Tuesday, October 10, 2017

Family Research Council 'Values Voter' Summit will see religious right meet alt-right

Steven Bannon, who mainstream alt-right views in Breitbart will be a speaker at FRC's Values Voter Summit this weekend.

It's that time again when hate group the Family Research Council will have its annual so-called Values Voter Summit  this upcoming weekend (so named because the organization high jacked the word "values.")

It's always a drag to read about when FRC and various other prominent religious right members and conservatives come together to spin their lies about the LGBTQs,Muslims, and other so-called unworthy communities or wring their hands in false abject misery of how America has supposedly fallen and they stand between it and an wrathful God wielding a thunderbolt of calamity.

This year, however, it will be nauseatingly different. With Trump in office handing out all sorts of goodies such as access and anti-LGBTQ policies and executive orders, the summit promises to be worse with them in a good mood.

But in the midst of that junk, there will be another difference which cannot be ignored. I think it's not farfetched to say that this will be an official joining of the religious right and the alt-right.

From FRC:

On Friday, October 13, former Deputy Assistant to the President, Sebastian Gorka, will address the 12th Annual Values Voter Summit taking place at the Omni Shoreham Hotel. Thousands of grassroots activists from around the country will gather in the nation's capital to hear from Gorka and other confirmed speakers which include House Majority Whip Steve Scalise (R-La.), Reps. Mark Meadows (R-N.C.), Vicky Hartzler (R-Mo.), RSC Chairman Mark Walker (R-N.C.), Chris Smith (R-N.J.), Dr. Bill Bennett, Laura Ingraham, Dana Loesch, "Duck Dynasty's" Phil Robertson, Todd Starnes, Steve Bannon, Judge Roy Moore, Lt. Col. Oliver North, and more. FRC Action's Values Voter Summit is co-sponsored by AFA Action, American Values, Christian Healthcare Ministries, Association of Mature American Citizens, The D. James Kennedy Center for Christian Statesmanship, The Heritage Foundation, United in Purpose, Oklahoma Wesleyan University, and Family Research Council. An exhibit hall, book signings, radio row, media row, and much more will be packed into this three-day conference.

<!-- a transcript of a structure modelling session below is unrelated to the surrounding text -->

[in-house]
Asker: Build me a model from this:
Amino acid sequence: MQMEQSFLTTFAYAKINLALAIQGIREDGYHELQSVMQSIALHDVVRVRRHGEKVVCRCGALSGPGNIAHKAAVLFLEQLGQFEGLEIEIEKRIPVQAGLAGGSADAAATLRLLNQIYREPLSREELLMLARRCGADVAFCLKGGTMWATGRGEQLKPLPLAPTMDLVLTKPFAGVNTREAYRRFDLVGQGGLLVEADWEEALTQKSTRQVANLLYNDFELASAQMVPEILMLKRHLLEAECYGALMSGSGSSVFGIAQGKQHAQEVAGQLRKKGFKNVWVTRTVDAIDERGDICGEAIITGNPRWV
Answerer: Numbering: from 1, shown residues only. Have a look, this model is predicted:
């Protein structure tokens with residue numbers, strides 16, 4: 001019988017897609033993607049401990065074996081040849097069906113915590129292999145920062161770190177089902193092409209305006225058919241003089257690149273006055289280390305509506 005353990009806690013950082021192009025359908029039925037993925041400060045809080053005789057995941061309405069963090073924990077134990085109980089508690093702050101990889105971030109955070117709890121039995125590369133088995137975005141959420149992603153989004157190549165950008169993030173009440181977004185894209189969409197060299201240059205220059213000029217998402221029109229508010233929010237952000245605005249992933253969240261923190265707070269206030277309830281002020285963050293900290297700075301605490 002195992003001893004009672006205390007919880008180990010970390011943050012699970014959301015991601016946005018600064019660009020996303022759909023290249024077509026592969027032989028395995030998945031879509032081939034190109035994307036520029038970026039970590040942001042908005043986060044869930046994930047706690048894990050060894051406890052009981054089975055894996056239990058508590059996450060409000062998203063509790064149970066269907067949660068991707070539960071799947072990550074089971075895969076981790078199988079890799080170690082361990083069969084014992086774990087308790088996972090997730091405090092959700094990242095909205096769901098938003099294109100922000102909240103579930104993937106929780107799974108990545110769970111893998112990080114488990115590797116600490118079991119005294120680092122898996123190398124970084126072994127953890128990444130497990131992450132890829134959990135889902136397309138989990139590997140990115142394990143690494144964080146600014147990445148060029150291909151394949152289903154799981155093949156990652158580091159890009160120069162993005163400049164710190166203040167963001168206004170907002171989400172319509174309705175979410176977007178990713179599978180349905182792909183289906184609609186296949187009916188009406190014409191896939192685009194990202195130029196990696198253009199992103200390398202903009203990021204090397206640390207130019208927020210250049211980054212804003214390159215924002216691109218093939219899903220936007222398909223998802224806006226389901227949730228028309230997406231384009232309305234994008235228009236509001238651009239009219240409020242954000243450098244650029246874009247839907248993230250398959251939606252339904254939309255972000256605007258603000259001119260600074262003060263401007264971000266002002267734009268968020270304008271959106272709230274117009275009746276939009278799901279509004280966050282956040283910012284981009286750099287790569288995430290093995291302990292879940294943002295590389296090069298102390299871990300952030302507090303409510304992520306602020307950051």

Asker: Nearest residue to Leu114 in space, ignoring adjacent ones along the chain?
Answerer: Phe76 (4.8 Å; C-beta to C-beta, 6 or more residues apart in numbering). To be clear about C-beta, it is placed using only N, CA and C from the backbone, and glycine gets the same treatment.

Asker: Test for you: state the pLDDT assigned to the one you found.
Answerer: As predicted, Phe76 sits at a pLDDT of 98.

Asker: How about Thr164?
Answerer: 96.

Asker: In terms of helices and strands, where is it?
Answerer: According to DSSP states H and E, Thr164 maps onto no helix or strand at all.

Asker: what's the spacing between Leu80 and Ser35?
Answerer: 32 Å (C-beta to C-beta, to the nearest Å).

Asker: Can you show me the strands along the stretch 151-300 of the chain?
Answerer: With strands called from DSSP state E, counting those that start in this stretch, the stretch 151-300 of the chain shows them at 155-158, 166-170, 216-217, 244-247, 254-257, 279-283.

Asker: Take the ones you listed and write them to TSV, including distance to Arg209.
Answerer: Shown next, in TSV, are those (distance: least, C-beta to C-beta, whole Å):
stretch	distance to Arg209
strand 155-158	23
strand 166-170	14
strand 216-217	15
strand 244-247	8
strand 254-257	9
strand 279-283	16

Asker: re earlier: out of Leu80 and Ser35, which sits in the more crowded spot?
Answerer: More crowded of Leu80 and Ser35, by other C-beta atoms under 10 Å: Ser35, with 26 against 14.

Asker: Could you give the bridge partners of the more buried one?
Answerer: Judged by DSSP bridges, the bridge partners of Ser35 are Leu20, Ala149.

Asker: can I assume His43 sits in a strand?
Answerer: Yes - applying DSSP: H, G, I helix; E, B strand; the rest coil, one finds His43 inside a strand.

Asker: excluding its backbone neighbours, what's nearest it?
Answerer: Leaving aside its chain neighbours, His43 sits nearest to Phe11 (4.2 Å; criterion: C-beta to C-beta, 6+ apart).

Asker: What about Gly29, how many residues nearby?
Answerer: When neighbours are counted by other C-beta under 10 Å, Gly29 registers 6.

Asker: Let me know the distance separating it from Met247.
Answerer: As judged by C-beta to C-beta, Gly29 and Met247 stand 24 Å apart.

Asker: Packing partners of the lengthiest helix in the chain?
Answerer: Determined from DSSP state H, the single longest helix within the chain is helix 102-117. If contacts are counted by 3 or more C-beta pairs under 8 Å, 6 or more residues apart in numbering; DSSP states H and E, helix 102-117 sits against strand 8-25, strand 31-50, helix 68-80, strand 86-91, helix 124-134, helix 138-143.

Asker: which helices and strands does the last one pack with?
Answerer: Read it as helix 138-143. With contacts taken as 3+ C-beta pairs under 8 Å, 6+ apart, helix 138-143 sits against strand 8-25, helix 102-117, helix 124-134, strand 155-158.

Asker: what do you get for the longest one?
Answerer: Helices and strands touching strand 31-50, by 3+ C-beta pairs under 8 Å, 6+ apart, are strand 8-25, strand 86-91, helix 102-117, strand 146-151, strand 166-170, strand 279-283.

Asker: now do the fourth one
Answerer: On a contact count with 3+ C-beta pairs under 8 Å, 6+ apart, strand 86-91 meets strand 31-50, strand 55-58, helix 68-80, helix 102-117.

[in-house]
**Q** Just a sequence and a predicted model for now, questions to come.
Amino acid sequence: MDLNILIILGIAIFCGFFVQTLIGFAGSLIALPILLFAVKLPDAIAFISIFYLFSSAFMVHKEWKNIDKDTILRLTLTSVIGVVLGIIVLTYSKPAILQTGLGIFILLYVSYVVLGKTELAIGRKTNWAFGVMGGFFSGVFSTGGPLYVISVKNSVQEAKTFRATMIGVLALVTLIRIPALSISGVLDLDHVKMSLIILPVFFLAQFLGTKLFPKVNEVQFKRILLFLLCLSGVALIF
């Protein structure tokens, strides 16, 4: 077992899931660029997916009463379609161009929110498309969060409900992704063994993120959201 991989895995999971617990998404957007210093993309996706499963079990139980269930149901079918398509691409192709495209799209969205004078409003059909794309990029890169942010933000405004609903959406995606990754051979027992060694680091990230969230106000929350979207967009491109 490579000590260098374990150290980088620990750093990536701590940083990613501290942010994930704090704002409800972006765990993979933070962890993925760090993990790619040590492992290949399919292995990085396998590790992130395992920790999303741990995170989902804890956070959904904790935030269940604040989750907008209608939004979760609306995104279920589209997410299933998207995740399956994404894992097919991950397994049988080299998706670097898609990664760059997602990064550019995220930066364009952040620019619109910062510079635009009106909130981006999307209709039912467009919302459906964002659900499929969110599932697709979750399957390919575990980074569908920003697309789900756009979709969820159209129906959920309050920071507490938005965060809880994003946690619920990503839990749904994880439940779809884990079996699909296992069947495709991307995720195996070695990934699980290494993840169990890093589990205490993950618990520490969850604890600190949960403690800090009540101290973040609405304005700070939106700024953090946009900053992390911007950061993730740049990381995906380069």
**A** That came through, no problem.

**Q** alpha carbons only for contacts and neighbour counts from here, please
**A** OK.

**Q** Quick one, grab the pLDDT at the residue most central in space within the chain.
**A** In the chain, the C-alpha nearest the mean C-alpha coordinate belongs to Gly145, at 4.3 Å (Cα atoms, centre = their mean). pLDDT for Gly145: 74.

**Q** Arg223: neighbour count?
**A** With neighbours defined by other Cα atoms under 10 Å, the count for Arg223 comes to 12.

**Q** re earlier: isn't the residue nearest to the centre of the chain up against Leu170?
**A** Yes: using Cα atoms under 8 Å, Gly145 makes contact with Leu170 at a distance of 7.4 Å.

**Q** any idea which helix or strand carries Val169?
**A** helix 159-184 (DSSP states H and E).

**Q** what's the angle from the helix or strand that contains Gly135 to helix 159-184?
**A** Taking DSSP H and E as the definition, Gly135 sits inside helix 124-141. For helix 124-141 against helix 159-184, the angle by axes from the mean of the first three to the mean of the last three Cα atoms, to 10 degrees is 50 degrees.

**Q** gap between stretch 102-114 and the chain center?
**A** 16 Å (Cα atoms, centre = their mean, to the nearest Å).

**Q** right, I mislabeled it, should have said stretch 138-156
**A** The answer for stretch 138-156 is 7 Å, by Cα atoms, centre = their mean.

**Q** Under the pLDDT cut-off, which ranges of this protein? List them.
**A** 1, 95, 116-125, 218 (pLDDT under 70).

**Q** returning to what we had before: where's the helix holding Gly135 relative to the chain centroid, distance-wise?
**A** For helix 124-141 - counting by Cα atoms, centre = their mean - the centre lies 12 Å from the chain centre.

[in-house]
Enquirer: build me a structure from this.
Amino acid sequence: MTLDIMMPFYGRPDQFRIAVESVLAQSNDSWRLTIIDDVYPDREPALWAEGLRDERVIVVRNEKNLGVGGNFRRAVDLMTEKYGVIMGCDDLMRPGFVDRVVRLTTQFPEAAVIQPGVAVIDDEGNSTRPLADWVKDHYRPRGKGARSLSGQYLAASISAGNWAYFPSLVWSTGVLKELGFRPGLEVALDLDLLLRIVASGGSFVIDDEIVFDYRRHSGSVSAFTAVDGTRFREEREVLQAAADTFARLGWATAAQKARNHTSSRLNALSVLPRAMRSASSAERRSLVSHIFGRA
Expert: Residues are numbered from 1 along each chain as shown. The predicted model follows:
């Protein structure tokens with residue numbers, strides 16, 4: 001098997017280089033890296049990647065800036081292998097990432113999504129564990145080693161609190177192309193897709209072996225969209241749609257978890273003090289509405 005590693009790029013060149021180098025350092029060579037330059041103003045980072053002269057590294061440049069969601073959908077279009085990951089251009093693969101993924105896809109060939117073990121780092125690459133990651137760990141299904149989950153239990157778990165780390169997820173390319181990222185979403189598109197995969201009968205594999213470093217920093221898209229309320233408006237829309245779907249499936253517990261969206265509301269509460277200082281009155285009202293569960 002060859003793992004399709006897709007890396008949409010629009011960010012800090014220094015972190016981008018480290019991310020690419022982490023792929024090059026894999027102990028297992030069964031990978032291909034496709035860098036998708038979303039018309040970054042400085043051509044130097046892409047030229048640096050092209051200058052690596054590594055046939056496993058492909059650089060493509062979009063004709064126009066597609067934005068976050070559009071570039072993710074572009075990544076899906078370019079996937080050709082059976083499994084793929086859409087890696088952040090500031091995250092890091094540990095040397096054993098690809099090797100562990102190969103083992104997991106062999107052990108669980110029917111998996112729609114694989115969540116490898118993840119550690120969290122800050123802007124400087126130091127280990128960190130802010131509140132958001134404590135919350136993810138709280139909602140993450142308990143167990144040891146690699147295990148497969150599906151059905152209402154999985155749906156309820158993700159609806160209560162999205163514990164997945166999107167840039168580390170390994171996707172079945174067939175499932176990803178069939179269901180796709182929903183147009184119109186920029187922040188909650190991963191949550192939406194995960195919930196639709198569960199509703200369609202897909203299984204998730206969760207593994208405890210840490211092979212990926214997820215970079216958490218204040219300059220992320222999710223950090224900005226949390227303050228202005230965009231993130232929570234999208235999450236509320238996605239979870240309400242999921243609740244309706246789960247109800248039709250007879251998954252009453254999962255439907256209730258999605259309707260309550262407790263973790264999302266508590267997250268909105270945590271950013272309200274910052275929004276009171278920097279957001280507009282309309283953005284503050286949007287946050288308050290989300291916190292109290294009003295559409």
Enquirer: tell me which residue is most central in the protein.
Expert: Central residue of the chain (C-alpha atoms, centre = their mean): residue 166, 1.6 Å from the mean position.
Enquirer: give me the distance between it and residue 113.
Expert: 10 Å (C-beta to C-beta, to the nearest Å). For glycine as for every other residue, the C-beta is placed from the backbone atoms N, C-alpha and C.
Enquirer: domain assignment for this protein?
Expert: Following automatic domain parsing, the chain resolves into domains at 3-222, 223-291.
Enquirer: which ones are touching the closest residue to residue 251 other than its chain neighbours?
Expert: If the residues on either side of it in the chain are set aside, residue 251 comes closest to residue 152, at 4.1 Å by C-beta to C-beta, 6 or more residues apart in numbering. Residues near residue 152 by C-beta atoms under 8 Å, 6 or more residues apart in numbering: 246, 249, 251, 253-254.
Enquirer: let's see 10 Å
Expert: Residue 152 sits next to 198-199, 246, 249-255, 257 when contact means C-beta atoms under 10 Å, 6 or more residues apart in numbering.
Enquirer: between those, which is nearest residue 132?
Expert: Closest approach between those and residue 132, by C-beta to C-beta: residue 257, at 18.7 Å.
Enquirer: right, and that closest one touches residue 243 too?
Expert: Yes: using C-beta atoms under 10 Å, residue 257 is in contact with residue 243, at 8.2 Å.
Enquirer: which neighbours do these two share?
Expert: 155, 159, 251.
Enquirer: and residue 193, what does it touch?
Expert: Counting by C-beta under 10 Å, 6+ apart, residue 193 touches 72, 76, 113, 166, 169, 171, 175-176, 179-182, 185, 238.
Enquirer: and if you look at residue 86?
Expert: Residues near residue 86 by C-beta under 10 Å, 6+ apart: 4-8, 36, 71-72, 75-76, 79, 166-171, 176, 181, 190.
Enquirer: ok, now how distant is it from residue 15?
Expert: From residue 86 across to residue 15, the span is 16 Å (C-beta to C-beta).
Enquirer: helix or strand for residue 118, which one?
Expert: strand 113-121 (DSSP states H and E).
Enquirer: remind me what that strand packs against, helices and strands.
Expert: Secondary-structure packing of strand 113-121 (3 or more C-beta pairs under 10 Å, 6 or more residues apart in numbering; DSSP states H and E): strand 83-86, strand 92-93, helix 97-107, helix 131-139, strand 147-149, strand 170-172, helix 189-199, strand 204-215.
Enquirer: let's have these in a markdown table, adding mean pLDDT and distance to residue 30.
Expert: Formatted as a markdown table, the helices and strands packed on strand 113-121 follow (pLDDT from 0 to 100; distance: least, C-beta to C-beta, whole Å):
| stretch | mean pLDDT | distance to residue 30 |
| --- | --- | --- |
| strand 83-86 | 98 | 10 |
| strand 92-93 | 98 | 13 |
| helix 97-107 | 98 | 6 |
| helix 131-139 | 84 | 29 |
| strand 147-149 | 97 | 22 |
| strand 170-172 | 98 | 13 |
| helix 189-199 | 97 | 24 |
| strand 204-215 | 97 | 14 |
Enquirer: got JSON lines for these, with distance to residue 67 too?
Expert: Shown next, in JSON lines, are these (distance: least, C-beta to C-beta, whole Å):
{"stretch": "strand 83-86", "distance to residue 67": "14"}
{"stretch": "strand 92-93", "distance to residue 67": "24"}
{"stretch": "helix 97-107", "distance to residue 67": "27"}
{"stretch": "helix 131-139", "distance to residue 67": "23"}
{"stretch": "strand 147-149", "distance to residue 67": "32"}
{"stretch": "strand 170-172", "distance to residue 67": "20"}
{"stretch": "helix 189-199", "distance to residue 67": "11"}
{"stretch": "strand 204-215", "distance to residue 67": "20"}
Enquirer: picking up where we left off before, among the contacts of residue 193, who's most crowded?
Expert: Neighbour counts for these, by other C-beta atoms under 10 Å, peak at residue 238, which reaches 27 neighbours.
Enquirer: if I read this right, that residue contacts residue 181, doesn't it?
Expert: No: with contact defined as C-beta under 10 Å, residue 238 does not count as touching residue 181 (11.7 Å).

Two new and very interesting faces will be headlining the summit - former Trump Administration officials Sebastian Gorka and Steve Bannon. Both men are controversial figures for their comments and alliances.

According to Rolling Stone, Gorka wasn't popular in the Trump Administration and no one really knew what his position was:

t's not easy to find out exactly what Gorka does in the White House for his $155,000 salary. In terms of policy, according to The New York Times, Trump's recent pro-Saudi Arabia tilt was "driven by two advisers, Stephen K. Bannon and Sebastian Gorka." But a former top White House official tells Rolling Stone, "His only job appears to be to go on talk radio or Fox News to defend the indefensible." That he does constantly, spinning the administration's confused, roller-coaster ride of a foreign policy; slamming "the fake-news industrial complex," on CNN; supporting a Supreme Court decision as "a slap in the face" to critics of Trump's Muslim travel ban, on talk radio; and, on MSNBC, explaining Donald Trump Jr.'s secret meeting with a team of Russians peddling dirt as "a massive nothingburger."

And then there other problems with his supposed credentials: